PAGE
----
This blog has been updated by a June 22 post found by clicking here

The structure and the language used by the drafters of the CARES Act in their crafting of the new participant loan repayment suspension rules seem to be both rare and stunningly broad: they appear to actually mandate, as a matter of federal law, that each loan repayment due through December 31, 2020  by COVID qualifying participants be suspended for one year. Interestingly enough, the language does not appear to prevent  ongoing loan repayments from being made should the participant choose to do so-the plan just may not be able to impose a due date on those payments from COVID participants. And, as a practical matter, the need for the COVID participant to self certify status as such  may actually turn this into an elective exercise on the participants behalf.  A challenge for administrators is how you accommodate the suspension with the desire to permit repayments at the same time?

The suspension is actually a big deal. Section 2202(b)(2) of the CARES act, which mandates the suspension, did not fool with the amortization schedules, or the timing and taxation of defaults under  Section 72(p) of the Tax Code, which is the section which governs the tax aspects of loans. In fact, it did not even amend Section 72(p) at all.  Nor did it amend any part of ERISA Section 408(b)(1), which hold the ERISA rules governing loans.

No, it avoided technical changes to either of these statutes and went instead went to the heart of things: it actually appears to legally modify the loan agreement between COVID participants and the plan.

Remember the actual legal structure of the participant loan: it must be a legally enforceable agreement between the plan and the participant, on commercially reasonable terms. When a participant signs a loan application (electronically or otherwise), that person agrees to the terms of that loan contract (which is reflected in the plan’s loan policy). To do what CARES did, that is to actually change the “pay date” of the loan under that legally enforceable agreement, that agreement must somehow be changed. This change can be accomplished in one of 3 ways: mutual agreement by the participant and the plan to amend the terms of the agreement (which would take forever to do); (2) unilateral action by the plan, if it so had the right to do so under its loan documents (which is highly unlikely); or (3) a law mandated change.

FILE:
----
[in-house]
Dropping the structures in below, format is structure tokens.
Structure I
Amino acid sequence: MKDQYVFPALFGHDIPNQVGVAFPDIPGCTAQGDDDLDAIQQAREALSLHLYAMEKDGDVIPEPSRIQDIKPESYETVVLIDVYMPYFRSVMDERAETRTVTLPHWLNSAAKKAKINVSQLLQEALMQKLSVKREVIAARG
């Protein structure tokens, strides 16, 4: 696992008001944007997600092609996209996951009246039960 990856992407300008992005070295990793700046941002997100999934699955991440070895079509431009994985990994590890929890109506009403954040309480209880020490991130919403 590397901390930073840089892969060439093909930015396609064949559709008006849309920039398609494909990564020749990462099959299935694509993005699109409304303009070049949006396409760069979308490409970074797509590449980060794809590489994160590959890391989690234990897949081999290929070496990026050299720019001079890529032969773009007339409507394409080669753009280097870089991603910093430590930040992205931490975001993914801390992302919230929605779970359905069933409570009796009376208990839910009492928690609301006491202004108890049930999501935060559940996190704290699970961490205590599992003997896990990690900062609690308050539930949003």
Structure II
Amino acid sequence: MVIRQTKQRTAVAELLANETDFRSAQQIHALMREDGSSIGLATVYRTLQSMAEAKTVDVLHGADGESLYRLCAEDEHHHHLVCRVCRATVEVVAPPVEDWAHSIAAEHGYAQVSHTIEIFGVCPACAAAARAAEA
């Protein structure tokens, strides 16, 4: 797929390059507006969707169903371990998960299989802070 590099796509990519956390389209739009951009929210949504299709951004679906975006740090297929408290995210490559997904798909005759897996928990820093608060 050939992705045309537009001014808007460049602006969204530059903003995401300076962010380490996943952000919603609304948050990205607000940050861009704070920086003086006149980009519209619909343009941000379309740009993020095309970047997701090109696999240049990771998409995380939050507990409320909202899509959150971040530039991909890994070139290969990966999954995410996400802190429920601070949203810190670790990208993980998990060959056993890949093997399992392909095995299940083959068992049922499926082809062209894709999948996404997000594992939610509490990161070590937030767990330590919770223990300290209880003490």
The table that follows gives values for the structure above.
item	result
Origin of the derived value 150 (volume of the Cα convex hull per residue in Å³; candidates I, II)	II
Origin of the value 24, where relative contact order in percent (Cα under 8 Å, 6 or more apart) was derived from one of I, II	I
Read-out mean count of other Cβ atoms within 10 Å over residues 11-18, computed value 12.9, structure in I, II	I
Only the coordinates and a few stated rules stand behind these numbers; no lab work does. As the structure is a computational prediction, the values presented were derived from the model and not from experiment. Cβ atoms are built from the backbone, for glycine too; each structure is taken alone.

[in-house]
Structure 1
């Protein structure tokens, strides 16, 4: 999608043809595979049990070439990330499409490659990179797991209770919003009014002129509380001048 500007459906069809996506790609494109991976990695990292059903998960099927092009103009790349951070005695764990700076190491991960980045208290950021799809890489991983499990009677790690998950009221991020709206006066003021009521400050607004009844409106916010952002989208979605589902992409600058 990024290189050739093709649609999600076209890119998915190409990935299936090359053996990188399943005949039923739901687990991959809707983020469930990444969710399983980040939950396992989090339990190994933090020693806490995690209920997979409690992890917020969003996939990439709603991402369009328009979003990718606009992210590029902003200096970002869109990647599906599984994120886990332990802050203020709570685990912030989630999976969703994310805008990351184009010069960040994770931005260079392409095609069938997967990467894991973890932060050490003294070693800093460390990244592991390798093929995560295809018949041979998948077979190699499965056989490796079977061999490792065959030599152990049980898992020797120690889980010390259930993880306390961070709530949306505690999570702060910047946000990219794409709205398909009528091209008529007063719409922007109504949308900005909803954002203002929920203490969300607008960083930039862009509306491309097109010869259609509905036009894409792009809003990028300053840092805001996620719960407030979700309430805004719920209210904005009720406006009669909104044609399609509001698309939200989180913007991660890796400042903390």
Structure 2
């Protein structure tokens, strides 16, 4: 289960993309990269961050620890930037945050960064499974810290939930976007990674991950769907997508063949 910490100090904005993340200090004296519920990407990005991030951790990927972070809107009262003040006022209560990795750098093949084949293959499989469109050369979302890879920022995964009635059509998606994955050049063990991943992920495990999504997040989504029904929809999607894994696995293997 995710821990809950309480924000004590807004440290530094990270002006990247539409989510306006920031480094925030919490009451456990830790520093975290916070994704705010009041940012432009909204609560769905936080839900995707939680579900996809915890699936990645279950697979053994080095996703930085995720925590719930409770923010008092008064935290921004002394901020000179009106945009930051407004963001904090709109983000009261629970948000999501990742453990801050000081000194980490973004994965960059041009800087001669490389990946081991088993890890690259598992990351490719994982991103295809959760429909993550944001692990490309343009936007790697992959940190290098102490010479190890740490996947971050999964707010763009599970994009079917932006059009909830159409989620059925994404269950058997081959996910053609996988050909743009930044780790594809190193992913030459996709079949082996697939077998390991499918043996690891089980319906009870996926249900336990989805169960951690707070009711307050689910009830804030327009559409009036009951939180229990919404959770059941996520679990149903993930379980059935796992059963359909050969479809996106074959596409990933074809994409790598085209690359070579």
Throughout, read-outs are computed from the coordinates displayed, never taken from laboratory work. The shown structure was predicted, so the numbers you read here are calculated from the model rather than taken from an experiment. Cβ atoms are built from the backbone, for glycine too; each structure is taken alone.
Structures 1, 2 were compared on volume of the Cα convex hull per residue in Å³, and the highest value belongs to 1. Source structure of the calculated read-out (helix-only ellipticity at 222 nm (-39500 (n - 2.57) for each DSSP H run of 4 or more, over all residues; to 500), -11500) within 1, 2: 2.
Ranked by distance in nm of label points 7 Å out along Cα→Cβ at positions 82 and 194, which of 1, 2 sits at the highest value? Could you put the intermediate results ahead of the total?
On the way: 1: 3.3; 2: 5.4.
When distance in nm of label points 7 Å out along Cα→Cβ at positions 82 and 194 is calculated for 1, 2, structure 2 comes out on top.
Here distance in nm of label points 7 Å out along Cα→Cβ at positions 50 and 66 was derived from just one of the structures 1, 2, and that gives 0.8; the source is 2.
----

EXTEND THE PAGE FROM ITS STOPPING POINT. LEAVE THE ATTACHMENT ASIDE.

This suspension of payments is a law- mandated change. But here’s the very curious thing about the change: these particular contracts are enforceable under state law, not federal law, and those contracts can clearly be changed as a matter of state law. But how does federal law now step in to mandate this change otherwise reserved to the states?

One way it seems to works is by way of the ERISA preemption clause, ERISA Section 514.  ERISA will preempt state laws insofar as they “relate to” any ERISA-covered employee benefit plan. One of the three elements that the Courts have recognized as fulfilling the “relates to” preemption standard is any law which  “binds employers or plan administrators to particular choices or precludes uniform administrative practice, thereby functioning as a regulation of an ERISA plan itself.” (See New York State Conference of Blue Cross & Blue Shield Plans v. Travelers Ins. Co., 514 U.S. 645, 658-660 (1995)). This type of change seems to fall well within this rule, giving Congress the right to change a participant loan agreement.

So keep all this in mind when detailing your approach to the loan suspension: your underlying loan policy contract appears to have been changed by federal law. Yes, the payment section of the loan policy will need to now be eventually changed, pursuant to the plan amendment clause of that section of CARES,  but note that the amortization schedules in the Code did not actually change (note also that, interestingly,  CARES did not actually change  the language of 72(p) or 408(b)(1) when dealing with the $100,000 limit and the 50% rule). You will also need to discover a way to handle volitional payments, I would think, as well. But this analysis does leave open the question on how a non-ERISA loan can be modified by federal law. I would hope that the general clauses in those loan agreements  may well be able to be read broad enough to reasonably being able to incorporate this change…..

A side note on 403(b) plans: though this rule change is going to be a nightmare to administer for payroll based 401(k) and 403(b) loan programs, the legacy 403(b) “policy”loan program will be served nicely by this rule-it almost makes me think that the drafters of these rules had these participants in mind when drafting the law. The typical 403(b) policy loan is “self-billed,” that is, the participant actually mails in (or has deducted from their bank account) every month or every quarter  their loan payment. The participant just needs to stop making those payments, and the insurer just needs to prevent the loan’s default (and then figure out how to deal with the new re-amort schedule adding in the interest accrued during the suspension).

A Note of Caution: These thoughts are only applicable to the  repayment delay rules, not to the increase of loan limits. Though I may cover that in another blog, it appears that the increase in loan limit is volitional on behalf of the sponsor, IMHO.